Munro floated the Caledonian Land Bank Ltd, its purpose the acquisition of his properties at Brighton and Canterbury. A meeting of shareholders early in 1889 claimed that he had sold the properties to the company at grossly inflated valuations. Munro offered to make good any loss, produced a bag of bank-notes and on the spot bought the shares of dissatisfied shareholders. Eleven days later a shareholders' committee of investigation asked Munro to buy all the remaining shares. He refused and wrote scornfully to the newspapers criticizing shareholders who sought 'to relieve themselves of their personal liability'. Nineteen days later he filed a voluntary petition in insolvency. While speculating in land he had continued as managing director of his engineering business on a five-year agreement. At the time of flotation he had about £500,000 worth of contracts in hand. Recommended by Bent and Blyth, he arranged a large overdraft with the City of Melbourne Bank to finance these contracts, but weaknesses in the land market led the bank to insist on Munro's resignation from the engineering works. Incompetent managers were appointed, many contracts ran late and the company suffered heavy loss. A shareholders' meeting on 5 April disclosed losses on contracts of £90,000.

In the land-boom collapse the value of shares in David Munro & Co. Ltd dropped almost to nothing as did the market price of his land. When a call of 5s. a share was made, Munro could not pay and had to forfeit his 120,000 shares. His personal estate showed debts of nearly £380,000 on bank overdrafts, calls on shares and sums owing to other land speculators. His wife also went through the Insolvency Court with debts in her name to land companies of a further £45,000. Six years later a Supreme Court investigation found grave irregularities in the City of Melbourne Bank's manipulations of his engineering works. Since the bank's manager, Colin Milne Longmuir, had died at sea, no criminal charges were made and Munro was not recompensed for his losses. The Munros moved from their mansion to a small cottage in Parkville, where he died on 31 March 1898 from a haemorrhage and alcoholism. He was survived by his wife who died in 1914, three sons and two daughters.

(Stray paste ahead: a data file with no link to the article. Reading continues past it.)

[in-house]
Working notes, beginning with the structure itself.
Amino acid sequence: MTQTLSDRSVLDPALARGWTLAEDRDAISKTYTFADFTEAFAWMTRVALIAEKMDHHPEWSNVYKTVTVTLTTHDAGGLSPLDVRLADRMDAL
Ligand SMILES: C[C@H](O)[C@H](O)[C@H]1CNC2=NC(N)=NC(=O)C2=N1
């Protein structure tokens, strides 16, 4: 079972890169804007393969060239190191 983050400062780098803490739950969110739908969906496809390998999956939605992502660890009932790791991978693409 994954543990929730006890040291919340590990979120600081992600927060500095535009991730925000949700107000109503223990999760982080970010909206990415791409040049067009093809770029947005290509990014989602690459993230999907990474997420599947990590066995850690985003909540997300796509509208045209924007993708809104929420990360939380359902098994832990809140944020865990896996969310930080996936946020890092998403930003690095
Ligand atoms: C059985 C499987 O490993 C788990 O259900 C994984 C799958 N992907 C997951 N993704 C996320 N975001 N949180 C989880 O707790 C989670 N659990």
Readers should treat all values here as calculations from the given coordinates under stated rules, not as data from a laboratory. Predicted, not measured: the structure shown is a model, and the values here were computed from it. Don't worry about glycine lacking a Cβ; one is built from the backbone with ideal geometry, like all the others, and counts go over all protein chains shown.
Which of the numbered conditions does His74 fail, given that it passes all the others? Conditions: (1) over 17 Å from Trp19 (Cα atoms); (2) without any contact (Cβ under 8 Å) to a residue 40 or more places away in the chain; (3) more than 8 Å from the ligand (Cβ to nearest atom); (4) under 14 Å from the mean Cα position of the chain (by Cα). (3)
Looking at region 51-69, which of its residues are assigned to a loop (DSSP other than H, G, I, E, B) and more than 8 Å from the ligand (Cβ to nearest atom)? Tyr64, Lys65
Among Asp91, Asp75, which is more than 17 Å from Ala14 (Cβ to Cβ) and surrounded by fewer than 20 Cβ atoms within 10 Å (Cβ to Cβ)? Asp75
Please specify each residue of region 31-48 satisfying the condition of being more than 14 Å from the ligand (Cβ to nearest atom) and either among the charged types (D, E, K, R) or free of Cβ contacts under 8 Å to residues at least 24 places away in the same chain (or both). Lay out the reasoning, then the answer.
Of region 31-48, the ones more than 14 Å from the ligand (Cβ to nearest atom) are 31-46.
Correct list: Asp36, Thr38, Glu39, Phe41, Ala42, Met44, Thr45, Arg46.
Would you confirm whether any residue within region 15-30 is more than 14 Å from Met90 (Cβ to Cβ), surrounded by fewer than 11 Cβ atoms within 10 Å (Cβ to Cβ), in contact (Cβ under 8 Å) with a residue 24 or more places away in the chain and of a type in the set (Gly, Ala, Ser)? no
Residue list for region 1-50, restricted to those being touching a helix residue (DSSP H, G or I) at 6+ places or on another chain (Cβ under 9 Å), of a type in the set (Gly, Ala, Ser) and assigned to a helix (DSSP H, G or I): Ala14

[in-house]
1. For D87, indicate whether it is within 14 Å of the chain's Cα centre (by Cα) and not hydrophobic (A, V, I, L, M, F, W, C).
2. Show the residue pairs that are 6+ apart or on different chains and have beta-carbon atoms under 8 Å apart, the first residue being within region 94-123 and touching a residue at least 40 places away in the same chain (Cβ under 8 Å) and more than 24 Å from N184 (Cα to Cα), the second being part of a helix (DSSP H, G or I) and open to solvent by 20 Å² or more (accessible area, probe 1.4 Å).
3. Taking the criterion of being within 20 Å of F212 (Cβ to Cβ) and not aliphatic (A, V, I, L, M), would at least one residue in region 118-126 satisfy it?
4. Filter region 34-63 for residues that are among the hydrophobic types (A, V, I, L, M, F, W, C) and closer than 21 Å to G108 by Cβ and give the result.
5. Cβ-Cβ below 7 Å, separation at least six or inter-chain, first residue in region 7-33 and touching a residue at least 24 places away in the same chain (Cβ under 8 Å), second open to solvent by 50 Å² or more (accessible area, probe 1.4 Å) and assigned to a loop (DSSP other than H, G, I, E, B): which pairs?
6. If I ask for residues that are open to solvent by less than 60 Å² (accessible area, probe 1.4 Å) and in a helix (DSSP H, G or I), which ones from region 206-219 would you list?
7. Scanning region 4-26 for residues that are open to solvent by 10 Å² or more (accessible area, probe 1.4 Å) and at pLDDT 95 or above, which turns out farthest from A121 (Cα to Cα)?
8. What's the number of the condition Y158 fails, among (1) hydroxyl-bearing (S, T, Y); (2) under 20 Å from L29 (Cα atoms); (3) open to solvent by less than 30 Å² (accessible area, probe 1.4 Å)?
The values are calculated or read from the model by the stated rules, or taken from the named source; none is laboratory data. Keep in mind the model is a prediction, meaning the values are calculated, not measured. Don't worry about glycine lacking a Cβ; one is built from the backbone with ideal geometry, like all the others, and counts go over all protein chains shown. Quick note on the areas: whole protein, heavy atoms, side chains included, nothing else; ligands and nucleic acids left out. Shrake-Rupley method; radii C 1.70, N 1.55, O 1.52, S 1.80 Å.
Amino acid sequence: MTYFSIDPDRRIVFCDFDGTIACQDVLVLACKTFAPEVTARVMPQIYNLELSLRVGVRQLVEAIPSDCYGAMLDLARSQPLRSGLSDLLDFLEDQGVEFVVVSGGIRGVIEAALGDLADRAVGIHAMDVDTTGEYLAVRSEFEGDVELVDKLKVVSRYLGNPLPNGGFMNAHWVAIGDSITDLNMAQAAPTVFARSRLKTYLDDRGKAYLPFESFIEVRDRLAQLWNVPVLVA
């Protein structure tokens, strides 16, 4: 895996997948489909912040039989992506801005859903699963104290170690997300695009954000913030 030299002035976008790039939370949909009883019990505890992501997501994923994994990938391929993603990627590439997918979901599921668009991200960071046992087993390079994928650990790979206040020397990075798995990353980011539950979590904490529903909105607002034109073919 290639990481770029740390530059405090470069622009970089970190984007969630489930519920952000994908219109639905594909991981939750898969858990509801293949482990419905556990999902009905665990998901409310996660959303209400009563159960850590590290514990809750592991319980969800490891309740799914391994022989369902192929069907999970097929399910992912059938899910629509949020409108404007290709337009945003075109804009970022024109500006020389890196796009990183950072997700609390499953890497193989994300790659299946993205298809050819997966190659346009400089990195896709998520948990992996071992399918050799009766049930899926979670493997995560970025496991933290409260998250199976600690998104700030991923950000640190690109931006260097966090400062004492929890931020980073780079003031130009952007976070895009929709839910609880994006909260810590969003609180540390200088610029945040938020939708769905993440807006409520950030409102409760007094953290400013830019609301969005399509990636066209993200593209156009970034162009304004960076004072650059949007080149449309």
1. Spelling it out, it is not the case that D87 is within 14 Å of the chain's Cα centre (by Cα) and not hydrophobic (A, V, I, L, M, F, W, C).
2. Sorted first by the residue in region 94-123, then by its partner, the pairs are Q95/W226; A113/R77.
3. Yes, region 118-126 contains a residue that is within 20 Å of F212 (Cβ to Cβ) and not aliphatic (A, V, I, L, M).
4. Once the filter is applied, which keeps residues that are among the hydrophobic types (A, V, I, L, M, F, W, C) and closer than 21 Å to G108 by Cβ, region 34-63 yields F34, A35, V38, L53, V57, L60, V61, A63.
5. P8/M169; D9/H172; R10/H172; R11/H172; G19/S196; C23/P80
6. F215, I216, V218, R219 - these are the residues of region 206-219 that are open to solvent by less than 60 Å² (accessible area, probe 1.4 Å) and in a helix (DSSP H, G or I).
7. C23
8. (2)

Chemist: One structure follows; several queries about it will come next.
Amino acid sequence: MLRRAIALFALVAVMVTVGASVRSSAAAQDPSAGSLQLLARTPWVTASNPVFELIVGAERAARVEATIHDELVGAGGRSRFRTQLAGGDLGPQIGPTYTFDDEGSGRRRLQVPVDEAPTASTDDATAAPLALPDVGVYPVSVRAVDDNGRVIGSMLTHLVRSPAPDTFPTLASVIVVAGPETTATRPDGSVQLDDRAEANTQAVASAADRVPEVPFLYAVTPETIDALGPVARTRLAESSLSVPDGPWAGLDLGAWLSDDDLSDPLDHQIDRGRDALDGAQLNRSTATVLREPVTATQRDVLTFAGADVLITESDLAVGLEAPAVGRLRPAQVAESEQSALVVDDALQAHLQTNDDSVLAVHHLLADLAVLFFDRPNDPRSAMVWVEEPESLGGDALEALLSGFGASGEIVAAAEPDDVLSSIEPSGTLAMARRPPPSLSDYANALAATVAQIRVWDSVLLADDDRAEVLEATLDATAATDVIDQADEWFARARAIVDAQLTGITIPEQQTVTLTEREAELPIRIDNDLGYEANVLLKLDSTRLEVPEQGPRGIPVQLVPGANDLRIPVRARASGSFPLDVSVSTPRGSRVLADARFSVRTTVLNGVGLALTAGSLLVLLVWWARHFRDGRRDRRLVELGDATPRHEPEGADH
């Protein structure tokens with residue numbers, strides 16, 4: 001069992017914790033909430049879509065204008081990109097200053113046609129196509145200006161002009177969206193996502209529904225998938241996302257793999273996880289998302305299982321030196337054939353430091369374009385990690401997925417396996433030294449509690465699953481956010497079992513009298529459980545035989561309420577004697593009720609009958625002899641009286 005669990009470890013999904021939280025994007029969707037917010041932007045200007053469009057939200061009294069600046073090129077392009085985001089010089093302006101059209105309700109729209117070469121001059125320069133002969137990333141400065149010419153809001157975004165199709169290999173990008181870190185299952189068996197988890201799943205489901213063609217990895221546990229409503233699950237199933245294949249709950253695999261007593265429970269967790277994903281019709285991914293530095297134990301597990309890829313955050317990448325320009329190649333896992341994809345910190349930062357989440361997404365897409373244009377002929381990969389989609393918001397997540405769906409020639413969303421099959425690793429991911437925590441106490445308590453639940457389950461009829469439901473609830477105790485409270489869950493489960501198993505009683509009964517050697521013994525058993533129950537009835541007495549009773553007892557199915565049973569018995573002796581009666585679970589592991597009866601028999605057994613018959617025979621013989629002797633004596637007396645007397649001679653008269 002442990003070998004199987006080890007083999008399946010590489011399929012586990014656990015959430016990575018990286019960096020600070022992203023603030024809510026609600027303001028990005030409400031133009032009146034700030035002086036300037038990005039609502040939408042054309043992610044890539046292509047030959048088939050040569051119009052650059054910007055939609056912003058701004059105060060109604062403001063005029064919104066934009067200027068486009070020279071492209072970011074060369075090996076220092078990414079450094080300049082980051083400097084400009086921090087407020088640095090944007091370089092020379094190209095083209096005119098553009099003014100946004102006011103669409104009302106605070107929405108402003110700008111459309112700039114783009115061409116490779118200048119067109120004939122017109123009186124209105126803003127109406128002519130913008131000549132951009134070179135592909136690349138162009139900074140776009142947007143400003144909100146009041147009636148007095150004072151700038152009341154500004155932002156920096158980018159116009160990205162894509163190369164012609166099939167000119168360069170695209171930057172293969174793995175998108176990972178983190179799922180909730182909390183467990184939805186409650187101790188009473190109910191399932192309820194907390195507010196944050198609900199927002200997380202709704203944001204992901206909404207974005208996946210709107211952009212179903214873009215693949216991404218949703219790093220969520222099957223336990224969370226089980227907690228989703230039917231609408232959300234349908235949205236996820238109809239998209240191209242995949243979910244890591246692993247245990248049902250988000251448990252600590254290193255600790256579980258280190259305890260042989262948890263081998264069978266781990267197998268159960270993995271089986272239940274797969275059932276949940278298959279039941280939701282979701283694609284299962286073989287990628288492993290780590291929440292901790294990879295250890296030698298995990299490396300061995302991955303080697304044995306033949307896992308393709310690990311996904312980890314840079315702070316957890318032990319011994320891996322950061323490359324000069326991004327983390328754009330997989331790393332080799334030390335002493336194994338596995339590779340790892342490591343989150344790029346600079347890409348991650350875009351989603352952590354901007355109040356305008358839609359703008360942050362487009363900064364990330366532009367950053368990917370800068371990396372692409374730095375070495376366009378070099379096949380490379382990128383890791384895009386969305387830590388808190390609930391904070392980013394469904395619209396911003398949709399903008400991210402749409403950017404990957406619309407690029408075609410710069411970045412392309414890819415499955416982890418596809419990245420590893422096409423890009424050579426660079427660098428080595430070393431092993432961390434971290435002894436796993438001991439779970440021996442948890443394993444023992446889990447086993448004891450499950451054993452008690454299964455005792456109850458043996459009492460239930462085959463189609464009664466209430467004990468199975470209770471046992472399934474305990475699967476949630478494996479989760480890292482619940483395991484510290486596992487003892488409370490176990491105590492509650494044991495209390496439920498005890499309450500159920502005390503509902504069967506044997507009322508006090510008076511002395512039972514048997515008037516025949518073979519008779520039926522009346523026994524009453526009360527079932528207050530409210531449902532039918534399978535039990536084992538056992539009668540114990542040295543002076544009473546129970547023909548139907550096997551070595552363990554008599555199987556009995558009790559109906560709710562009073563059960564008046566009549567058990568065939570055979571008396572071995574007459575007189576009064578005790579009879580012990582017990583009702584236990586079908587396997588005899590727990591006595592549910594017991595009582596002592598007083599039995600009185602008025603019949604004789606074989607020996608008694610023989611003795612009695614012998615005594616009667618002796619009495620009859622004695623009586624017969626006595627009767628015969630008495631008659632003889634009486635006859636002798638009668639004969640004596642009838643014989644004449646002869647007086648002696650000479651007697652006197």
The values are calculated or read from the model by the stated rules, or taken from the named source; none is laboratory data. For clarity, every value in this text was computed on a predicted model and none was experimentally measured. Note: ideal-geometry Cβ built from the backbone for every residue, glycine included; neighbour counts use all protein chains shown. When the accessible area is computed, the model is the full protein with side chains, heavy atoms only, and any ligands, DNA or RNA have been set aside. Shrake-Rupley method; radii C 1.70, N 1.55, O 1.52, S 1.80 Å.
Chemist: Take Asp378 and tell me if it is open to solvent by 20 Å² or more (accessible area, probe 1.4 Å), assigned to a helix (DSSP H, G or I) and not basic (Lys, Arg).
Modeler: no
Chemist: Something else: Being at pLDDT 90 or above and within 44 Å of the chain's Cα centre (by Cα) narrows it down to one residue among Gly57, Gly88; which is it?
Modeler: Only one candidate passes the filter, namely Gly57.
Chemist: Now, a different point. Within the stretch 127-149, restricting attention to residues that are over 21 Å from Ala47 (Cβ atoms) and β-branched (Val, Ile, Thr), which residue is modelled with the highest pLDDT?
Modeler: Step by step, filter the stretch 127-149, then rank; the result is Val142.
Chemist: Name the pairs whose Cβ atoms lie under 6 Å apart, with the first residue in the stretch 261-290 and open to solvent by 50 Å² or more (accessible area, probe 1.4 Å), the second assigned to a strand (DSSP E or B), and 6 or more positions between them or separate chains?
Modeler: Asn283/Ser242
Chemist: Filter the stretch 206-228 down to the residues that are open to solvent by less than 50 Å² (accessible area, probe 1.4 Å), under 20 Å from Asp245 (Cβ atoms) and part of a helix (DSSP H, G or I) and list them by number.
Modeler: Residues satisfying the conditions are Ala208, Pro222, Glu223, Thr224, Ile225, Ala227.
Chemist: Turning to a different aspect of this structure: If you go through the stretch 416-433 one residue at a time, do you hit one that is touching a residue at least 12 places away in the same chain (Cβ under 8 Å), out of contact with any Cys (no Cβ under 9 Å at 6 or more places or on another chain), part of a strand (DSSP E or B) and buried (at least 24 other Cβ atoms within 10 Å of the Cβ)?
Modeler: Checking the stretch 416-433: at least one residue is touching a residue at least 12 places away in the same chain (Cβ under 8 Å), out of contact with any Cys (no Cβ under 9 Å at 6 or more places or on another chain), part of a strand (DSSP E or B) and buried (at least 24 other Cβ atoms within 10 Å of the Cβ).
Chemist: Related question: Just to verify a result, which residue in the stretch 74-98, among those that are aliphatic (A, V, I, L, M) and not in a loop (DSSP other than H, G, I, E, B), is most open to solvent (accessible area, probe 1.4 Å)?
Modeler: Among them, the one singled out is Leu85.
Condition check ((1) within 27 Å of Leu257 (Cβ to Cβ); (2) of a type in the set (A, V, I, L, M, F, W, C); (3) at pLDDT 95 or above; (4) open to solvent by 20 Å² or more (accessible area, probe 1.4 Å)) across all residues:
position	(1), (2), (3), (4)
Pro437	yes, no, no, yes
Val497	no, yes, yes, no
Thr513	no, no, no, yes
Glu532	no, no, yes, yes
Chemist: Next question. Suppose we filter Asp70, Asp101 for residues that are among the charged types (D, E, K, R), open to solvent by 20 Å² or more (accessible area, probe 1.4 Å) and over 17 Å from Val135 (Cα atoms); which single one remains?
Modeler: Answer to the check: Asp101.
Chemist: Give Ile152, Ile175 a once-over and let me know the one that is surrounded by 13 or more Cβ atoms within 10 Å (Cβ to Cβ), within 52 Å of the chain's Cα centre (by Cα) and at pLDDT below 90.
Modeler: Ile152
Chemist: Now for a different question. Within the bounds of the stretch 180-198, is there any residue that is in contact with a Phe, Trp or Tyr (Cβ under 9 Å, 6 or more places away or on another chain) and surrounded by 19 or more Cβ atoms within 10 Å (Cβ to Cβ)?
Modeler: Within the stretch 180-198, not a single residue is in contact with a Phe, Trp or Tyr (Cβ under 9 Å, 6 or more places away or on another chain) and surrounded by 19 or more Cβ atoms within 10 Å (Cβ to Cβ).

Select Bibliography

  • H. M. Franklyn, A Glance at Australia in 1880 (Melb, 1881)
  • A. Sutherland et al, Victoria and its Metropolis, vol 2 (Melb, 1888)
  • M. Cannon, Land Boom and Bust (Melb, 1972)
  • Melbourne Bulletin, 24 Dec 1885
  • Argus (Melbourne), 9 Oct 1886, 21 July 1887, 6 Apr 1889
  • Australasian Sketcher, 27 Jan 1887
  • Age (Melbourne), 1, 12, 21 Feb, 12 Mar 1889
  • Table Talk, 22 Jan 1892
  • David Munro & Co. Ltd, file 1251 (Public Record Office Victoria).

Citation details

Michael Cannon, 'Munro, David (1844–1898)', Australian Dictionary of Biography, National Centre of Biography, Australian National University,, published first in hardcopy 1974, accessed online 20 April 2024.

This article was published in hardcopy in Australian Dictionary of Biography, Volume 5, (Melbourne University Press), 1974

View the front pages for Volume 5

© Copyright Australian Dictionary of Biography, 2006-2024

David Munro (1844-1898), by Johnstone, O'Shannessy & Co., c1887-90

David Munro (1844-1898), by Johnstone, O'Shannessy & Co., c1887-90

La Trobe Picture Collection, State Library of Victoria, H83.118/1

Life Summary [details]


Kirkintilloch, Dumbartonshire, Scotland


31 March, 1898 (aged ~ 54)
Parkville, Melbourne, Victoria, Australia

Cultural Heritage

Includes subject's nationality; their parents' nationality; the countries in which they spent a significant part of their childhood, and their self-identity.